Real Estate Trends

Opportunity Zones vs. 1031 Exchanges—Can They Co-exist?

August 13, 2019 - Posted by Maura A. Snabes, Esq., CES®, CLTP - Sr. Underwriting & Compliance Counsel

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Many real estate investors are familiar with the parameters and tax advantages of a Section 1031 tax-deferred exchange to defer the payment of capital gains taxes when exchanging certain qualifying property for other qualifying property. However, there is a newer investment concept that may prove to be just as advantageous to some investors—Opportunity Zones.

The concept of Opportunity Zones (OZs) stemmed from a truly philanthropic idea designed to benefit distressed communities while being lucrative to investors. It also provides enticing tax breaks and returns for their investment. From a real estate professional’s perspective, OZs offer benefits not only for investors but for realtors, attorneys, communities, and many other associated real estate professions as well. Jason Gordon wrote an informative overview of some of the pros and cons of The Investment in Opportunity Act, which was the legislation that created OZs. However, qualified OZs, and whether they pose a real threat to the 1031 qualified intermediary business, remains at the forefront of the minds of many qualified intermediaries.

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To understand whether they genuinely pose a threat or if they can co-exist, one must define what exactly is a Qualified Opportunity Zone. Formed under the tax reform package, the Tax Cuts and Jobs Act of 2017, OZs offer capital gains tax deferral and relief for new investments in specific economically distressed areas nationwide. An investor may earn a profit from the sale of an asset and invest that profit within 180 days in an opportunity fund. (The investor must invest at least 90% of their assets in OZs. This is defined as a real estate investment in an opportunity zone or a partnership or stock ownership interest in a business that conducts all or most of its operations in a designated zone.) As such, the investor can obtain substantial tax incentives, including the following: having the tax liability on that gain deferred or reduced, reducing tax liability by 10% if invested for 5 years, reducing tax liability by 15% if invested for 7 years, and no capital gains liability on any appreciation of the opportunity fund when shares are sold if they are held for 10 years.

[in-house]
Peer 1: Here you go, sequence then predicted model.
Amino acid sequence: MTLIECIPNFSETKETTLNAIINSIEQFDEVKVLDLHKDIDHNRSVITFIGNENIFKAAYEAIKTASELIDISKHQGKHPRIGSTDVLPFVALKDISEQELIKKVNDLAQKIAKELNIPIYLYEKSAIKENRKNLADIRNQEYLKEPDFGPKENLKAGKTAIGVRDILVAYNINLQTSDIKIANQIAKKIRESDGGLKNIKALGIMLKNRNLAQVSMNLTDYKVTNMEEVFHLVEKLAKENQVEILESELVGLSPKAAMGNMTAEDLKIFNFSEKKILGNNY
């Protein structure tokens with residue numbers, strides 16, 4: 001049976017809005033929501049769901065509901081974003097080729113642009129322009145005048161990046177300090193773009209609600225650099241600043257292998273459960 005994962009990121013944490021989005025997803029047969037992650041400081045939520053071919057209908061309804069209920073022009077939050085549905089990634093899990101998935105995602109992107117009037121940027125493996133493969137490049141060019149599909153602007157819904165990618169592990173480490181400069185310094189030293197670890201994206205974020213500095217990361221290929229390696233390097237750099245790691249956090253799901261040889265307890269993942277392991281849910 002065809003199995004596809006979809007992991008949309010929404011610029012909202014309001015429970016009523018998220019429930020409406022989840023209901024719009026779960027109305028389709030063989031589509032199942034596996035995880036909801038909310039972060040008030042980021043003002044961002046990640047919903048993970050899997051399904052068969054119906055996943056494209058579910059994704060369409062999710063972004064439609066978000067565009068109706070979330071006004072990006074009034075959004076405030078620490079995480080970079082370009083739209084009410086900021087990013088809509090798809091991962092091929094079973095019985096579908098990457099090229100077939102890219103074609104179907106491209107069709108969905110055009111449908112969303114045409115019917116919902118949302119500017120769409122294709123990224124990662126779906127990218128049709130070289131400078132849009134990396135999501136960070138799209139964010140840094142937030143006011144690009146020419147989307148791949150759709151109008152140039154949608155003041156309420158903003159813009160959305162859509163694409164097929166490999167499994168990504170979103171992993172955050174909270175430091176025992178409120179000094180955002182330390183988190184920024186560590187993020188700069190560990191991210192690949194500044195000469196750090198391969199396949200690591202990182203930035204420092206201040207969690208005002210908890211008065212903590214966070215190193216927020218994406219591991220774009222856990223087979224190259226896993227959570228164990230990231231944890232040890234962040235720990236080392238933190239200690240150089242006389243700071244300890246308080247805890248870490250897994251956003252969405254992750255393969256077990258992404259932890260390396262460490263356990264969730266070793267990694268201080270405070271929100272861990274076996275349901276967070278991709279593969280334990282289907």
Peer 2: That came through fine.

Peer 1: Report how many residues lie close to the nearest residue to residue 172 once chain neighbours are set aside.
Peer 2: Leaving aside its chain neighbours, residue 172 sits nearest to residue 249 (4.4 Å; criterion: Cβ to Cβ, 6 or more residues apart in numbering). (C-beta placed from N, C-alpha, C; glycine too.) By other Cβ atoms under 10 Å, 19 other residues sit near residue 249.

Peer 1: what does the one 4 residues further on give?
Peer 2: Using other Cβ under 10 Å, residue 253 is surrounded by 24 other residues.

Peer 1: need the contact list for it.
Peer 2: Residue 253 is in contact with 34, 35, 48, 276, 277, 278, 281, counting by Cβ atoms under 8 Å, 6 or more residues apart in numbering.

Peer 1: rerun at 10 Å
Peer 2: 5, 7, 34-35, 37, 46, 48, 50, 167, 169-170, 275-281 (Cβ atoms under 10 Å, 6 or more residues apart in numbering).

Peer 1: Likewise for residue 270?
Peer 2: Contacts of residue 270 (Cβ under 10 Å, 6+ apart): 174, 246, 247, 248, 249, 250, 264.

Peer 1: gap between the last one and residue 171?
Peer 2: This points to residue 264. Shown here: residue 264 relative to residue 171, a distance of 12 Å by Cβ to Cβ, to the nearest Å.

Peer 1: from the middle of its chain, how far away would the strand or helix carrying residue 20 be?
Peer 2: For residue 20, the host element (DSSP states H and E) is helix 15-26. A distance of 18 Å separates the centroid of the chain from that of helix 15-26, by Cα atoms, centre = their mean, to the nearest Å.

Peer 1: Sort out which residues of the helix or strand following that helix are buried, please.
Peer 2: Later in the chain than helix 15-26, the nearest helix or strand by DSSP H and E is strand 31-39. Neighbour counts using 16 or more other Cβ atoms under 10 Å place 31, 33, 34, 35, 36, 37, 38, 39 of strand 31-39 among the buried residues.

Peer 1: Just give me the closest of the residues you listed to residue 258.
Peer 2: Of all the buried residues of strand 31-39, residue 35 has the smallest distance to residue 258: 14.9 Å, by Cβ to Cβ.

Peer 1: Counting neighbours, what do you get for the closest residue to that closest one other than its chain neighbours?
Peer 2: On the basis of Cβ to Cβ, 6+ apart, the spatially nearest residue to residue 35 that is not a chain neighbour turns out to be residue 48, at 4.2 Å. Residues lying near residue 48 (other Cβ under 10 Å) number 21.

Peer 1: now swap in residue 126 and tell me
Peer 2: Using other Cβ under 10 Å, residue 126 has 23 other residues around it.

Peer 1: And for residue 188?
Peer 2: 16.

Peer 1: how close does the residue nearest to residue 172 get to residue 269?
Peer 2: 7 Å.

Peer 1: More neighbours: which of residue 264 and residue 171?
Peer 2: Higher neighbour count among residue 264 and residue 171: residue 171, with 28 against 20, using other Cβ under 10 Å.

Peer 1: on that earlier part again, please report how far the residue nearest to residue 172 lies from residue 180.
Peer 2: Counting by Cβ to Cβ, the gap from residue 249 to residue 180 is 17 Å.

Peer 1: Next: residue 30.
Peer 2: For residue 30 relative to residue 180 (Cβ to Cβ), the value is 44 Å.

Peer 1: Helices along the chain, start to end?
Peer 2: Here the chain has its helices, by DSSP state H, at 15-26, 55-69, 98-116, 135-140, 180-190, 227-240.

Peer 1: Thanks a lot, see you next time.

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But, as with everything, there are requirements, restrictions, and parameters that must be met with an OZ and with a 1031 exchange in order to take advantage of their benefits. Below is a comparison of some of the benefits and requirements and restrictions of both.

Benefit Comparison:

Opportunity Zone:

  • Not limited to real property.
  • Proceeds are invested in real and personal property.
  • 10% step-up in basis after a 5-year holding period.
  • Additional 5% step-up in basis after a 7-year holding period.
  • Appeals to passive investors.
  • No benefit unless held for a minimum of 5 years.
  • No requirement for a qualified intermediary.
  • Access to proceeds until day 180.
  • As long as the investment is held for ten years, any increase grows tax-free and has a stepped-up basis when the asset is sold.
  • If sold before ten years, can invest proceeds.
  • In another opportunity zone, the period of the original investment tacks on to the new investment.
  • Value of properties in OZs increasing.

1031 Exchange:

  • Limited to real property.
  • Proceeds are invested in real property only.
  • No step-up in basis.
  • Can do exchanges as needed/wanted/less than five years.
  • Can identify and acquire replacement property before the sale of existing property.
  • Holding period of a property is not tacked to the next property.
  • No change in the value of properties involved in 1031 exchange.

 

 

 

Requirement Comparison:

 

Opportunity Zone:

  • Only need to reinvest the actual gain.
  • The property must be located in an opportunity zone.
  • 180 days to identify replacement property.
  • Funds must be contributed by 180th day, but project need not be underway.
  • The fund must demonstrate how it improves the community.
  • Must invest more in the improvement of property than it paid for the property.
  • Limitation: Investors can defer capital gains taxes until 2026 from prior investments if those gains are reinvested into an Opportunity Zone fund project.
  • By 2026, however, the original capital gains tax is due and payable, even though the Opportunity Zone reinvestment is still being held and/or operated.

1031 Exchange:

  • Need to reinvest principal and gain.
  • Property located anywhere in the US.
  • 45 days to identify replacement property.
  • Termination at 180 days.
  • Invest in any qualifying property.
  • Can acquire property and not improve.
  • Indefinite tax deferral.

 

 

 

 

 

 

 

Given these differences, it seems likely that these two tax-saving mechanisms can co-exist and that the introduction of Opportunity Zones will not cause the demise of the 1031 tax-deferred exchange or even cause much of an impact on the traditional 1031 industry. Speak with an attorney or CPA to determine if either of these tax-saving programs will work for you.

TOPICS: 1031 Exchanges, Opportunity Zones

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